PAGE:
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Grow Your Business Social Media

Not Very Social: Top CEOs Steer Clear of Social Media

image for Twin Design/Shutterstock
Twin Design/Shutterstock

While small business CEOs can learn a lot from their larger counterparts, social media habits are one area they shouldn't necessarily follow their lead, new research finds.

Despite the benefits it can bring, most top company leaders have no presence on social media at all, according to a study from Domo and CEO.com. Specifically, 60 percent of Fortune 500 CEOs were not active on any of the six major social networks – Facebook, Twitter, Google Plus, Instagram, LinkedIn and YouTube – last year, down slightly from 61 percent in 2015.

"Despite calls from many social media evangelists for CEOs to increase their use of social media, not much has changed since 2015," the study's authors wrote.

In a previous study by social media branding firm BRANDfog, more than 80 percent of the employees surveyed believed CEOs who engage on social media are better equipped than their peers to lead companies in today's technology-laden world. Additionally, 93 percent believe that executive engagement on social media helps communicate company values and grow and evolve corporate leadership in times of crisis.

Of the Fortune 500 CEOs who are active in social media, 131 have a presence on just one of the six popular networks. Only five CEOs – those from Walmart, PepsiCo, Netflix, Manpower and Live Nation – have a presence on four social networks. Just one, Expedia CEO Dara Khosrowshahi, is active on five social media outlets. None of the 500 CEOs use all six. [Looking to become more social: 7 https://www.businessnewsdaily.com]

"Social media – online video streaming in particular – has a major impact on brand reputation," the study's authors wrote. "A CEO can either participate in the discussion and influence it, or risk the implications of allowing his or her corporate image to be decided in the court of public opinion."

LinkedIn is the preferred social media outlet of Fortune 500 CEOs. The research found that 35 percent of the company leaders are active on LinkedIn.

While Facebook has nearly 2 billion users worldwide, just 40 of those are Fortune 500 CEOs. Of those 40, 32 were inactive during the last quarter of 2016.

Although there are only 36 Fortune 500 CEOs on Twitter, 70 percent of those are active users. Google Plus with 33, Instagram with 11 and YouTube with three were the least popular social networks among the top company leaders.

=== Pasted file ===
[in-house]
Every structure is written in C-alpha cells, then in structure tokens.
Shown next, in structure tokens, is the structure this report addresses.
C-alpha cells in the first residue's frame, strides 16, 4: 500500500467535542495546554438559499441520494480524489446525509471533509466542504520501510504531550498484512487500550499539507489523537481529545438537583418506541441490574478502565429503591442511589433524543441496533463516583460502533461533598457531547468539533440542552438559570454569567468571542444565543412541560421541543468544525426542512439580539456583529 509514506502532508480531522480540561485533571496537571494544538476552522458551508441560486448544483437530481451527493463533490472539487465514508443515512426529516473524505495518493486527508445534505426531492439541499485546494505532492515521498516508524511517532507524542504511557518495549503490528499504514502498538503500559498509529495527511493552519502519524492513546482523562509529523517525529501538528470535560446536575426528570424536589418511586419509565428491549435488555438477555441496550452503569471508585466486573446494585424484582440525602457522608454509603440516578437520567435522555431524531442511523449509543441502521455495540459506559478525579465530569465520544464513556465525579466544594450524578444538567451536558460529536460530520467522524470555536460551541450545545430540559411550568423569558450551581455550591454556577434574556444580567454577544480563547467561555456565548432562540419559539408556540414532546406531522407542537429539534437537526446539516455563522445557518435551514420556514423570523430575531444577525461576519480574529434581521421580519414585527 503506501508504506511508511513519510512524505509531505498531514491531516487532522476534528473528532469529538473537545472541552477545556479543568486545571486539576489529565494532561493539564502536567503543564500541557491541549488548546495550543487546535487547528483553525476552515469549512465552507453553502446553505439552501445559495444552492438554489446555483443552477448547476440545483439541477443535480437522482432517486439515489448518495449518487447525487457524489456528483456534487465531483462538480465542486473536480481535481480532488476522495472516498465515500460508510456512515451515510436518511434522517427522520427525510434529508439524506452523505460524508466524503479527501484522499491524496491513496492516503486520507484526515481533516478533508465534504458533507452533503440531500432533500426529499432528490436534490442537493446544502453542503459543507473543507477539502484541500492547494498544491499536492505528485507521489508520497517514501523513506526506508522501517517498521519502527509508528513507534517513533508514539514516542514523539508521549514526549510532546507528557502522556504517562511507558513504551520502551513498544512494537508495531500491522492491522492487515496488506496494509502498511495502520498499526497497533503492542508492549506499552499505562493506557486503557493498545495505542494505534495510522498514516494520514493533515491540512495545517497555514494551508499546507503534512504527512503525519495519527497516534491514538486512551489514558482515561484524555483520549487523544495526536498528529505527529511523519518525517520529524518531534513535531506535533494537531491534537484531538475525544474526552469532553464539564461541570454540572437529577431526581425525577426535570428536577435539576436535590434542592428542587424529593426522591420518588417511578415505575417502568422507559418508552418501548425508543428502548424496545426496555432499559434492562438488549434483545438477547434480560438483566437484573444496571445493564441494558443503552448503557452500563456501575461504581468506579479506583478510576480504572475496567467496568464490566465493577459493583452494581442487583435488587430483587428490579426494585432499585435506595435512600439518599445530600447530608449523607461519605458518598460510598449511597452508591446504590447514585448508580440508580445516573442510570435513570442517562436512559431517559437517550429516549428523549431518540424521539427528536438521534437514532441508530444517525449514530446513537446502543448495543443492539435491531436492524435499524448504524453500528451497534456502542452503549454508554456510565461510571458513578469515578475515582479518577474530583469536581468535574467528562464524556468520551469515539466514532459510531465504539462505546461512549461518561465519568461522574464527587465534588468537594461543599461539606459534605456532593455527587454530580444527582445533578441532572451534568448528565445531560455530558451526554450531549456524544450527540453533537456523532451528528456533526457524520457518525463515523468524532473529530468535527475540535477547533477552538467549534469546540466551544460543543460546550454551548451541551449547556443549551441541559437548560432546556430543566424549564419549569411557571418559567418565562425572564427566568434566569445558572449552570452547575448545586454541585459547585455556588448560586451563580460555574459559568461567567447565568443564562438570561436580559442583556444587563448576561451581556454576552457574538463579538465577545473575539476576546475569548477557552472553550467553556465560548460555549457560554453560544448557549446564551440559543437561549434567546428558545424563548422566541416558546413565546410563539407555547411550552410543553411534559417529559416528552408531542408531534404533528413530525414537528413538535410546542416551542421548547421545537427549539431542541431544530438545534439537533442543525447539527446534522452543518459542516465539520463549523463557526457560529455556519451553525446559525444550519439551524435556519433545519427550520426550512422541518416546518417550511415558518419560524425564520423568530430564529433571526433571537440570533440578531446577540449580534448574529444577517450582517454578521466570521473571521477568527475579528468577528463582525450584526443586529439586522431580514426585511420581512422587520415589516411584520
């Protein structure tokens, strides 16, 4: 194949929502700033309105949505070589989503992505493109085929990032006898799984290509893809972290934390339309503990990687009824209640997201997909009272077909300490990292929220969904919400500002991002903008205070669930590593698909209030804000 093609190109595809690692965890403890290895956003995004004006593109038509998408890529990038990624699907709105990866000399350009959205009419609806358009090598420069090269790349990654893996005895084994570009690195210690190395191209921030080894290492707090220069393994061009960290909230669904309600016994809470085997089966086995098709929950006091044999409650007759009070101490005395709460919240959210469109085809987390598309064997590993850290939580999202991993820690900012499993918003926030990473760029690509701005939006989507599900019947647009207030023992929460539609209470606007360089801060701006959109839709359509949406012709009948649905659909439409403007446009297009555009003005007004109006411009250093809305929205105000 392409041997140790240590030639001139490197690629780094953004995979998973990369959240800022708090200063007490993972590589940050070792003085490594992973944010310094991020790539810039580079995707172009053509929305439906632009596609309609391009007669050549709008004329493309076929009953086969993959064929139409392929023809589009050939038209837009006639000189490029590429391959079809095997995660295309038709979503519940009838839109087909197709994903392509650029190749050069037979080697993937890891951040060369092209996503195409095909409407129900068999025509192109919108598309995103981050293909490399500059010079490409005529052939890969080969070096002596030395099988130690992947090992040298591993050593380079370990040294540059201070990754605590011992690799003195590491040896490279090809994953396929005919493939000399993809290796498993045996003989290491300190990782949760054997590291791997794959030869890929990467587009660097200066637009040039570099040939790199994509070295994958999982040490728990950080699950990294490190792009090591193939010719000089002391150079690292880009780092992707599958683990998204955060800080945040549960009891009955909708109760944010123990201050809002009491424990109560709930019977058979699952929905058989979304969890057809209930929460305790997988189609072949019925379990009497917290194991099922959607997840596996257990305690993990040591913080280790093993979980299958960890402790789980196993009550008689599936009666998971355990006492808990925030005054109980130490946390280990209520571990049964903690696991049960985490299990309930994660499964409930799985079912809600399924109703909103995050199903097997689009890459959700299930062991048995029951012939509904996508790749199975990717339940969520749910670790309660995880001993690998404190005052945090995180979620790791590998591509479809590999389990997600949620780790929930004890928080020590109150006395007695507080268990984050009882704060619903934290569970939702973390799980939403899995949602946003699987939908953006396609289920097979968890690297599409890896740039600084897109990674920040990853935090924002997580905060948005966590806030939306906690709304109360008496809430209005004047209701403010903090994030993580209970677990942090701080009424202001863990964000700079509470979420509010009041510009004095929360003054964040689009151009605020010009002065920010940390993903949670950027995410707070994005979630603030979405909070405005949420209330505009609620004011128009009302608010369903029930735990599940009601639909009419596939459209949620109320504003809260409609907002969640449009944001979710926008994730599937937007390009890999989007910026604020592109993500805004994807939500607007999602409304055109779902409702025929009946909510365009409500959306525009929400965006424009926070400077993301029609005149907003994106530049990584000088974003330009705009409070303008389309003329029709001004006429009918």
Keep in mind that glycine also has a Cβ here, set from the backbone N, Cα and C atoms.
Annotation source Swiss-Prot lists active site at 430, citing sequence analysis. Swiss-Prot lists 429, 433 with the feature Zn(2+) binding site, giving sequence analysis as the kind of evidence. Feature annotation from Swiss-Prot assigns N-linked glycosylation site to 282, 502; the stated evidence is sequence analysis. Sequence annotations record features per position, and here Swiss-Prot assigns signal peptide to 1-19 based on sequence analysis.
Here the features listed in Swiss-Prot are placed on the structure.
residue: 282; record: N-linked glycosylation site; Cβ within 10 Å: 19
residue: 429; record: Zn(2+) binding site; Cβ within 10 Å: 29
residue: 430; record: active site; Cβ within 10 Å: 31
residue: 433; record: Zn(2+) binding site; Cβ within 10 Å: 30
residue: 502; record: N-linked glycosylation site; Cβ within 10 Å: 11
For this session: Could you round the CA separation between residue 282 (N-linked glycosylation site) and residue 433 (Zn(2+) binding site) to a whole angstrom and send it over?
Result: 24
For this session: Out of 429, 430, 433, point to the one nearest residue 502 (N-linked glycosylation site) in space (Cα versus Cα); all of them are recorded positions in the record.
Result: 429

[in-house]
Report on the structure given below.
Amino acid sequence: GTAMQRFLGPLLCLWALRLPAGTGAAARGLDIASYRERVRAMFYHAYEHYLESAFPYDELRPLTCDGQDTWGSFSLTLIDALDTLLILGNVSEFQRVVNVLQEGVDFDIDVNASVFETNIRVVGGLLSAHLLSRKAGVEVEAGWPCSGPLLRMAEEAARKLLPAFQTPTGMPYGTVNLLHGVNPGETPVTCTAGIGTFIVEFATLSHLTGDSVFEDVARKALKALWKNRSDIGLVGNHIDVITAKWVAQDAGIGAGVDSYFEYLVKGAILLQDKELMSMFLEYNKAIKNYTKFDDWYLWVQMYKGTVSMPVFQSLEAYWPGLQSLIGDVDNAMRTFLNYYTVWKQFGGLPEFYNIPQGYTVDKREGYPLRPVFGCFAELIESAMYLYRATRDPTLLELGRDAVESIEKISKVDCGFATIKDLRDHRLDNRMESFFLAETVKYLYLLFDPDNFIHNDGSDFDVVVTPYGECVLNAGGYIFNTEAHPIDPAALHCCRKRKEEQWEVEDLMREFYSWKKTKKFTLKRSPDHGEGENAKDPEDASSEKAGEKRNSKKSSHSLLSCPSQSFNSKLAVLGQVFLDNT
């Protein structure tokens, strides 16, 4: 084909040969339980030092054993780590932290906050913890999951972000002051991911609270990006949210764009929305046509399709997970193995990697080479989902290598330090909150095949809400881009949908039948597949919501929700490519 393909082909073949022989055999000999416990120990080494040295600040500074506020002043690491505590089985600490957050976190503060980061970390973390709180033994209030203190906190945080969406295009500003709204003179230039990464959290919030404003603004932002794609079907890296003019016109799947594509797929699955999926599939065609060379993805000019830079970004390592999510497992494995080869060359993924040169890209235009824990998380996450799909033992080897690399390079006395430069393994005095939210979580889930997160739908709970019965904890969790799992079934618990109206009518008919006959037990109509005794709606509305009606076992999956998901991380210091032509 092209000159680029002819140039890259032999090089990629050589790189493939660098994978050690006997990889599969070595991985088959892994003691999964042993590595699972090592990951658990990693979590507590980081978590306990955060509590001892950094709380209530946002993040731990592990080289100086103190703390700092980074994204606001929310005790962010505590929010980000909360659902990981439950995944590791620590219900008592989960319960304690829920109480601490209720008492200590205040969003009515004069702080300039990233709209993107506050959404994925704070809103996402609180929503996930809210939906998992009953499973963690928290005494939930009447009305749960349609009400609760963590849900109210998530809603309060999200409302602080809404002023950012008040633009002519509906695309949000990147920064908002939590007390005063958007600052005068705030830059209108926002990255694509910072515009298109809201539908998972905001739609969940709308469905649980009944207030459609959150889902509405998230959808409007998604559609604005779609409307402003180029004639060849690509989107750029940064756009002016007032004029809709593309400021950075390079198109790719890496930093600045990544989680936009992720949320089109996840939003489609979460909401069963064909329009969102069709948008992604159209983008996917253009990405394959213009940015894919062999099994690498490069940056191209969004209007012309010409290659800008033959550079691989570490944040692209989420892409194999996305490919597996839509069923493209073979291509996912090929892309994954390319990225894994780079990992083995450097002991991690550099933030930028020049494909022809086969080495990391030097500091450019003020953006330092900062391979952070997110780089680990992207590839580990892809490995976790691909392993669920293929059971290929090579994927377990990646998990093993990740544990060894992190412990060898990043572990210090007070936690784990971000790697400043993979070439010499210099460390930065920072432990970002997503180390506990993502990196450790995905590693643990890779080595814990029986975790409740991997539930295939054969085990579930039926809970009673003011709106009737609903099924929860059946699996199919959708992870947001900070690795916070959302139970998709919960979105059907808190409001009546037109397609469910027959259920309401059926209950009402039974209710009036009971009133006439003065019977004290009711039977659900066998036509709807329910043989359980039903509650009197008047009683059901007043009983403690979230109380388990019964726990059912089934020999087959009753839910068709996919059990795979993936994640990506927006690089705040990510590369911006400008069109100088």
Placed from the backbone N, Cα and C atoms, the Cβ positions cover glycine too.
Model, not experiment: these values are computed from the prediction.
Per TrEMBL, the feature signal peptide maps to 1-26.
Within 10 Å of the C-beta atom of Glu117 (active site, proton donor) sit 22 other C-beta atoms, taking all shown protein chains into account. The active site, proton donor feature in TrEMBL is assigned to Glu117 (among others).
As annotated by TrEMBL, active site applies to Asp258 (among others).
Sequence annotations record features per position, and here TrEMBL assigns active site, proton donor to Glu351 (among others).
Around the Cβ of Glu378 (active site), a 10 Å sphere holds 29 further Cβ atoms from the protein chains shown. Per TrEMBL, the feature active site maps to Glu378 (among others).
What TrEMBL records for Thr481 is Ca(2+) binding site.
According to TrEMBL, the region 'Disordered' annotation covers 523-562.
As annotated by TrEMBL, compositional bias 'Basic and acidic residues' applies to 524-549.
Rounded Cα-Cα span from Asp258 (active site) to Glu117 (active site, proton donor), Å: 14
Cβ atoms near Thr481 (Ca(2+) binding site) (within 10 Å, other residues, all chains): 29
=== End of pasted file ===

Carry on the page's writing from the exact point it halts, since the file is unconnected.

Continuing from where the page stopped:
Despite their heavy workload, the study's authors say CEOs are missing a huge opportunity to increase their customer engagement and humanize themselves as the faces of the companies they lead.

"Keeping active on select social media channels is a great way to build authority, generate awareness, and increase customer loyalty," the study's authors wrote.

The researchers suggest CEOs get help from their staff and various digital tools to make the process easier.

"CEOs can get assistance for some of their posts from their staff, though being actively involved in the process increases authenticity," the study's authors wrote. "There are also new social media scheduling tools to help manage and coordinate processes. Assigning someone the role of social listening, then making a strategic response, can pay dividends."

For the study, researchers identified the social profiles of every CEO on the Fortune 500 list across the six most popular networks: Twitter, Facebook, LinkedIn, Google Plus, Instagram and YouTube. They then weighed the legitimacy of these social profiles against a strict set of criteria to ensure consistency in reporting.

Chad Brooks

Chad Brooks is a Chicago-based writer with more than 20 years of media experience. A graduate of Indiana University, Chad began his career with Business News Daily in 2011 as a freelance writer. In 2014, he joined the staff as a senior writer. Currently, Chad covers a wide range of B2B products and services, including business phone systems, time and attendance systems, payroll services, and conference call services. Before joining Business News Daily, Chad spent nearly a decade as a staff reporter for the Daily Herald in suburban Chicago. Chad's first book, "How to Start a Home-Based App Development Business," was published in 2014. He lives with his wife and daughter in the Chicago suburbs.